In the case of the Tower of Babel, the pattern continues. The real life hardship is nomadic life itself. Such a life meant regular encounters with different and competitive peoples. Every day was uncertain. There was no home. The people were always on the move and often scattered. Why must life be so hard?
The biblical answer once again lies with human unwillingness to rely upon God by seeking safety through self sufficiency. The variety of languages in the world is God’s punishment for human hubris. As long as you can see the tower, you will never be lost or separated (“otherwise we shall be scattered abroad upon the face of the whole earth”). You can always find your way back to the safety of the city.
Please note how hard it is to consider that often life’s hardship just is. We often have no explanation or control. Cancer strikes, hurricanes destroy, some people are cruel, some parents are incompetent. It is hard to face the vulnerability and helplessness in life. All too often, in real life, children (and adults) would rather be guilty than helpless. Psychologically, life is more manageable if we view ourselves at fault rather than considering the possibility that sometimes no matter what we do, terrible things happen in our lives. I believe this psychological reality often bleeds over into our theology. We tend to see an authoritarian, punitive God instead of a loving one because we cannot tolerate the vulnerability and unpredictability of real life. It is not until Jesus that we begin to learn that the suffering in this world is not a sign of divine punishment.
Over the years I have worked extensively with abuse survivors. A common theme as people struggled with their histories was: ‘Did I do something wrong?’; ‘Is there something wrong with me?’ Such guilt and personal second guessing leads to secrets, shame and adds immeasurably to the pain of the experience. It is bad enough to be violated by someone who is supposed to be trustworthy but it is much worse when you wonder if it is your fault or that you could have somehow done more to stop it.
Guilt implies that the world is controllable. Guilt implies that bad things are avoidable. Unfortunately, we may know the right but that doesn’t mean we can do the right. That is true for us as well as the people around us. It is hard to live in a broken world as a broken person. Sometimes our best efforts will fail. Sometimes, no matter what we do, we suffer. No amount of determination, good works or guilt can solve that dilemma.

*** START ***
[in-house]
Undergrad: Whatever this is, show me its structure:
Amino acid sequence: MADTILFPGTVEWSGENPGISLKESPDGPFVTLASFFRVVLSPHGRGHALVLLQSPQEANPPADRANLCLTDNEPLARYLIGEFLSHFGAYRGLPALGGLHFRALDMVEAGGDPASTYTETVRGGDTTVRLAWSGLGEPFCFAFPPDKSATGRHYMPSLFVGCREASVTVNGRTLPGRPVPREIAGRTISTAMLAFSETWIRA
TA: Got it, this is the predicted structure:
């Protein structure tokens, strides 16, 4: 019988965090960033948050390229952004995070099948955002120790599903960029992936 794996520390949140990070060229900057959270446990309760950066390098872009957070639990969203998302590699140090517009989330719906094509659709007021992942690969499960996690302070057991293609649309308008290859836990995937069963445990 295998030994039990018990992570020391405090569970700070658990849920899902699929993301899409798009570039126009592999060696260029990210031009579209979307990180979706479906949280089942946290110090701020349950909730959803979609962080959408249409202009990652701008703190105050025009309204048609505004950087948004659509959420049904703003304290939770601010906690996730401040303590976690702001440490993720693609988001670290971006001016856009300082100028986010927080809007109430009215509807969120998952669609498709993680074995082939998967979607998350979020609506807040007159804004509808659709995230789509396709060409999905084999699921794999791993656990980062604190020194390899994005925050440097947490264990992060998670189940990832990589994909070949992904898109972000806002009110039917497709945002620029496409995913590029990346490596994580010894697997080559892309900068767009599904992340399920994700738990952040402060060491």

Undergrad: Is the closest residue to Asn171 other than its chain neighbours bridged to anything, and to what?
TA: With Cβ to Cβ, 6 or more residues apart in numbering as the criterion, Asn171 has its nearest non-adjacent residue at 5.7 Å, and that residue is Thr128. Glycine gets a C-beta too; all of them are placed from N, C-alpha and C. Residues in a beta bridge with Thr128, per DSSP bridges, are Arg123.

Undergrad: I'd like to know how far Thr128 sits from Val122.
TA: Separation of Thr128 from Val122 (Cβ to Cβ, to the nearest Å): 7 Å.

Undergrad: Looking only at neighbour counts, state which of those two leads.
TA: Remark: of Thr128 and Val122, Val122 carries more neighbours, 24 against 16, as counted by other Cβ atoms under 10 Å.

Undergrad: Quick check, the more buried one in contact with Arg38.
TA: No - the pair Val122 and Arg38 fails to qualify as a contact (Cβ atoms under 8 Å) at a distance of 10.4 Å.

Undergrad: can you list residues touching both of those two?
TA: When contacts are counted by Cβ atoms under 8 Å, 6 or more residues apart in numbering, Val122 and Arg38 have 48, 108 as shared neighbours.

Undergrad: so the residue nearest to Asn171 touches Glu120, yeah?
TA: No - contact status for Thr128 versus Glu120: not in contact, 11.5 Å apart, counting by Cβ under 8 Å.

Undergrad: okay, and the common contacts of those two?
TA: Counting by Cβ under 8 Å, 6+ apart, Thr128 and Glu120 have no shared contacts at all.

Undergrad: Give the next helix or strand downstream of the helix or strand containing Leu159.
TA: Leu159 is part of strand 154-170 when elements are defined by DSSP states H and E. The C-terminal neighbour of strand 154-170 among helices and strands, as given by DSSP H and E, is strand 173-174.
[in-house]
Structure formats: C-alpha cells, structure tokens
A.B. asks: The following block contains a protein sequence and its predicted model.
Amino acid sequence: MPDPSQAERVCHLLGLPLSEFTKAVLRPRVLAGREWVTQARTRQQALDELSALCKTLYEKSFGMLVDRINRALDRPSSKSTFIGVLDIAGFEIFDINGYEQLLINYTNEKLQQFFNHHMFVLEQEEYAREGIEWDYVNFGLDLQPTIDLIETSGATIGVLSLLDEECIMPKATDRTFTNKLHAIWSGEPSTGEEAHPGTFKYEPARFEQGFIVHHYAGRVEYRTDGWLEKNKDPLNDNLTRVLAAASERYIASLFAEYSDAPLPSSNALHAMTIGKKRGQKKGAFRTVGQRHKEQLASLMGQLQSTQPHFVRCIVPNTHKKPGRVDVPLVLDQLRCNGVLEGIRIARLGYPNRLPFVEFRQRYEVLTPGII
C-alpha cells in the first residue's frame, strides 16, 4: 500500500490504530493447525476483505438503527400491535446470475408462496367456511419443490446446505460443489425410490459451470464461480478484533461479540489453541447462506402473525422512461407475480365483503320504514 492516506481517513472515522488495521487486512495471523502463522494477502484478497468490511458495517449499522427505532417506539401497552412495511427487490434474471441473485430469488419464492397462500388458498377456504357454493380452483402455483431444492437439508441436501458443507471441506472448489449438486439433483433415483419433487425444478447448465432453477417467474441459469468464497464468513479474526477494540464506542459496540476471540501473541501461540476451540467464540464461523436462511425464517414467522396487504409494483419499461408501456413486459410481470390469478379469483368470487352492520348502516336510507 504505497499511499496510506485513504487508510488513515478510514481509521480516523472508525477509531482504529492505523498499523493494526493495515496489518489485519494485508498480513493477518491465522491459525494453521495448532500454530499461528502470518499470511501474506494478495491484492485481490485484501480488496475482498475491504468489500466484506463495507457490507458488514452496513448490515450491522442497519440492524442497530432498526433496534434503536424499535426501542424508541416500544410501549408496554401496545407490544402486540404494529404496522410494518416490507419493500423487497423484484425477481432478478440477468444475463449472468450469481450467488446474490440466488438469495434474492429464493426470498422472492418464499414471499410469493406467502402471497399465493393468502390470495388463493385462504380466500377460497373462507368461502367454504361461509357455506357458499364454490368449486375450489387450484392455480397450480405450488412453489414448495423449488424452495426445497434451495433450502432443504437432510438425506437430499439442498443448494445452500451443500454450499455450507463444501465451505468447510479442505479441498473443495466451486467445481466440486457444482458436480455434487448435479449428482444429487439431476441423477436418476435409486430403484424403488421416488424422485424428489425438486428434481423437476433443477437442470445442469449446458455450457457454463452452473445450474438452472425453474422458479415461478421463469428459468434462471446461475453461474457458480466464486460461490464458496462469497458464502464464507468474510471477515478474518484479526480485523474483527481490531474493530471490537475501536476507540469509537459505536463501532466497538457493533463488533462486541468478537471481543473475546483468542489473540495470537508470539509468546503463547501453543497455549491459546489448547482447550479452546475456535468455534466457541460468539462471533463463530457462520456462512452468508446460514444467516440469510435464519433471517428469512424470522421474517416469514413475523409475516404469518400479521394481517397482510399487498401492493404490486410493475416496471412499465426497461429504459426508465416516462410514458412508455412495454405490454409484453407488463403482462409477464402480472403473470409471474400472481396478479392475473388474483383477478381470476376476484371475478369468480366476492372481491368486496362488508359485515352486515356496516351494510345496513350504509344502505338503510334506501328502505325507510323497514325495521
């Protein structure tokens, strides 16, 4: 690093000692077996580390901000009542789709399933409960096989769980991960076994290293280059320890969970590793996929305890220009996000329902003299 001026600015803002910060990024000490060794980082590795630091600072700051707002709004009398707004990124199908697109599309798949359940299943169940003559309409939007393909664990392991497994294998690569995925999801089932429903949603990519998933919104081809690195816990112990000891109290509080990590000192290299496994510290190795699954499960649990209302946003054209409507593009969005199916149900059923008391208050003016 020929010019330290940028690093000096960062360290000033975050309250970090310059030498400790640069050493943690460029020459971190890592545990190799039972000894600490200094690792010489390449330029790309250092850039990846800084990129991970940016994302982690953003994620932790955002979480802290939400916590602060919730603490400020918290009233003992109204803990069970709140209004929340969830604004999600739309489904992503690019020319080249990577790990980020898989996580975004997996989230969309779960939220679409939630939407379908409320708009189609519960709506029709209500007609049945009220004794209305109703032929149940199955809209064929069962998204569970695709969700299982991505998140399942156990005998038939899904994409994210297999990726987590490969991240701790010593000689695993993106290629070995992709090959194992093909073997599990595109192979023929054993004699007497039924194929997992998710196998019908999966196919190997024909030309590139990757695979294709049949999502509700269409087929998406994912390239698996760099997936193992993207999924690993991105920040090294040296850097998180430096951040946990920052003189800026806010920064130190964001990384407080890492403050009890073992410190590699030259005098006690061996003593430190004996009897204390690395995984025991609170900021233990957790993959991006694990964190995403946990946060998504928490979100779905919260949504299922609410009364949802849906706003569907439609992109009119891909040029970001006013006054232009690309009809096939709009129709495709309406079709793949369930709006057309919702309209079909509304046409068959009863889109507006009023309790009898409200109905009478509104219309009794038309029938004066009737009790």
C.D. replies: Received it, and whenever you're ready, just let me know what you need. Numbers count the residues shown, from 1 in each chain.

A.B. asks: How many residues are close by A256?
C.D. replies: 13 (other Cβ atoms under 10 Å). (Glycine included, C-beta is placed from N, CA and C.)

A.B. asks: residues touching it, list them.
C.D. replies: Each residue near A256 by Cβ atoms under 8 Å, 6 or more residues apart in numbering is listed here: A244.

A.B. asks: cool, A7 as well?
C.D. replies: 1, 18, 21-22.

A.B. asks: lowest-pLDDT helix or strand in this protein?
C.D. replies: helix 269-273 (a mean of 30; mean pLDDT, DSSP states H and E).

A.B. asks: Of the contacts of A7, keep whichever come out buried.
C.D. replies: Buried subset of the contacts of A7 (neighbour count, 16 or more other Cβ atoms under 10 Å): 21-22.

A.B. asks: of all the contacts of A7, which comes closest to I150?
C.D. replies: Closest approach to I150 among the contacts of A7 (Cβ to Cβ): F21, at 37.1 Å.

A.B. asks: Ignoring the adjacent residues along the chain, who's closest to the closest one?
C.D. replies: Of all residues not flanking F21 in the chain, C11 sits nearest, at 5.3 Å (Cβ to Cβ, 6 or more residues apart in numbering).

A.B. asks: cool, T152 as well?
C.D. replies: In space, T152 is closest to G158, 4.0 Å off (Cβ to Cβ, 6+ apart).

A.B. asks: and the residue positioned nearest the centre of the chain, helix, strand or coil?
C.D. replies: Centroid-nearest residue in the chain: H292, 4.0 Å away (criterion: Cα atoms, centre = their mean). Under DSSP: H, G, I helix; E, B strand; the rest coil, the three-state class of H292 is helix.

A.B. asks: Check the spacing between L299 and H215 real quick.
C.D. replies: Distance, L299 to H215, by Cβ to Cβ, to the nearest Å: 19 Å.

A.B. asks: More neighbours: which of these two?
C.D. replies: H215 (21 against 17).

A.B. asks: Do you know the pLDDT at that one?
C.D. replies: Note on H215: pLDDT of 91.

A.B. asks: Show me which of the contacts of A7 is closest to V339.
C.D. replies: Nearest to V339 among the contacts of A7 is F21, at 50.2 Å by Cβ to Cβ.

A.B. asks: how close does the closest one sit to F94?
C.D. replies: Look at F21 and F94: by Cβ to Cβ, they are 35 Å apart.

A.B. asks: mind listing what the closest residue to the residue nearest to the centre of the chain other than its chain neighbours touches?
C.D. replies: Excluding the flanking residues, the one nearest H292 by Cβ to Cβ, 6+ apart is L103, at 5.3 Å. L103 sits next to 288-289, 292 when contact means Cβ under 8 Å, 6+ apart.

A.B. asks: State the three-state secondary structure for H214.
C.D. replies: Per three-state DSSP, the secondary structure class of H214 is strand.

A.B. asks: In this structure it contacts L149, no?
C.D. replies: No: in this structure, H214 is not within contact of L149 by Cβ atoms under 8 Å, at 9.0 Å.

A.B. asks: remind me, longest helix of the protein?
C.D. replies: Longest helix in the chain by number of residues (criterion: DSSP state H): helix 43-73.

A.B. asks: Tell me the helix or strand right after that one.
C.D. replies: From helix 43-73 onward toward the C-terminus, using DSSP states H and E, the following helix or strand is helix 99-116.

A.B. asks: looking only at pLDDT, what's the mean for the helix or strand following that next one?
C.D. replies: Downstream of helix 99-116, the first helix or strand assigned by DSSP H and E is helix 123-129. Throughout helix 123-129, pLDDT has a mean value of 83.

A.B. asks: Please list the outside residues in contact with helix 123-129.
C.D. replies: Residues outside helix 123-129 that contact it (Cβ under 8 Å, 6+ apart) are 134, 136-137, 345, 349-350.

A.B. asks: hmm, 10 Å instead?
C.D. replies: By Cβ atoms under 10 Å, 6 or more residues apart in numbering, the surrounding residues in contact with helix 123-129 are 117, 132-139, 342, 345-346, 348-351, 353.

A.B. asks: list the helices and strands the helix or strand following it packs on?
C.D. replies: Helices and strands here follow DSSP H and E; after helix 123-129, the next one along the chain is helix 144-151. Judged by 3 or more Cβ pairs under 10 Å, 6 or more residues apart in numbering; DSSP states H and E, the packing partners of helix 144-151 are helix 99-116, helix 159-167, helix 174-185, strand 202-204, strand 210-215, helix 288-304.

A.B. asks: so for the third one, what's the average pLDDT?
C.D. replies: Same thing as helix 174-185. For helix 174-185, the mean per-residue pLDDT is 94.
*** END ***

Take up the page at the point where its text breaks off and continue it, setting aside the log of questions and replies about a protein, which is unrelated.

This brings me back to the content of today’s scripture. It is simply impossible to have safety by relying on our own devices. This does not have to be understood as a curse but it must be understood as a fact. There is no monument that we can build which will last. There is no ‘name for ourself’ that will last. There is no category of secular superiority that can be sustained. Our value is God’s declaration that we are his children. Period.
Human beings organize around similarity and we divide and rank ourselves by creating categories. Our differences become statements of comparative worth rather than descriptions of our individual uniqueness. Our circle of belonging starts with self and self interest and rarely extends to the different much less the enemy. This ordinary and human way of thinking excludes and diminishes others. It inspires fear and discrimination. It fails to see the legitimacy of diversity and the many ways we encounter God’s children.
In real life we weaponize our differences. Whether it is racial, religious or gender differences, we label, diminish and insult when our position is threatened. Look at the epithets people use when insulting the opposite sex. Look at the slurs we use when describing other peoples. Look at the tactics of political partisanship. We may be more restrained or more politically correct but all of us have biases and fears when it comes to dealing with people outside of our circle of belonging.
Jesus offers an alternative. He says: “you are all children of God through faith….There is no longer Jew or Greek, there is no longer slave or free, there is no longer male and female; for all of you are one in Christ Jesus.” Human categories simply do not matter to God. Trusting God means we do not need to claim superiority. We are his. We do not have to prove we are better in order to belong. Jesus claimed God’s love for himself by trusting God in every circumstance—including crucifixion— and becoming a servant to all. Nothing could separate him—or us—from the love of God. This is the only safety that can last.
When we are safe with God, we are united by our humility. Let it be so.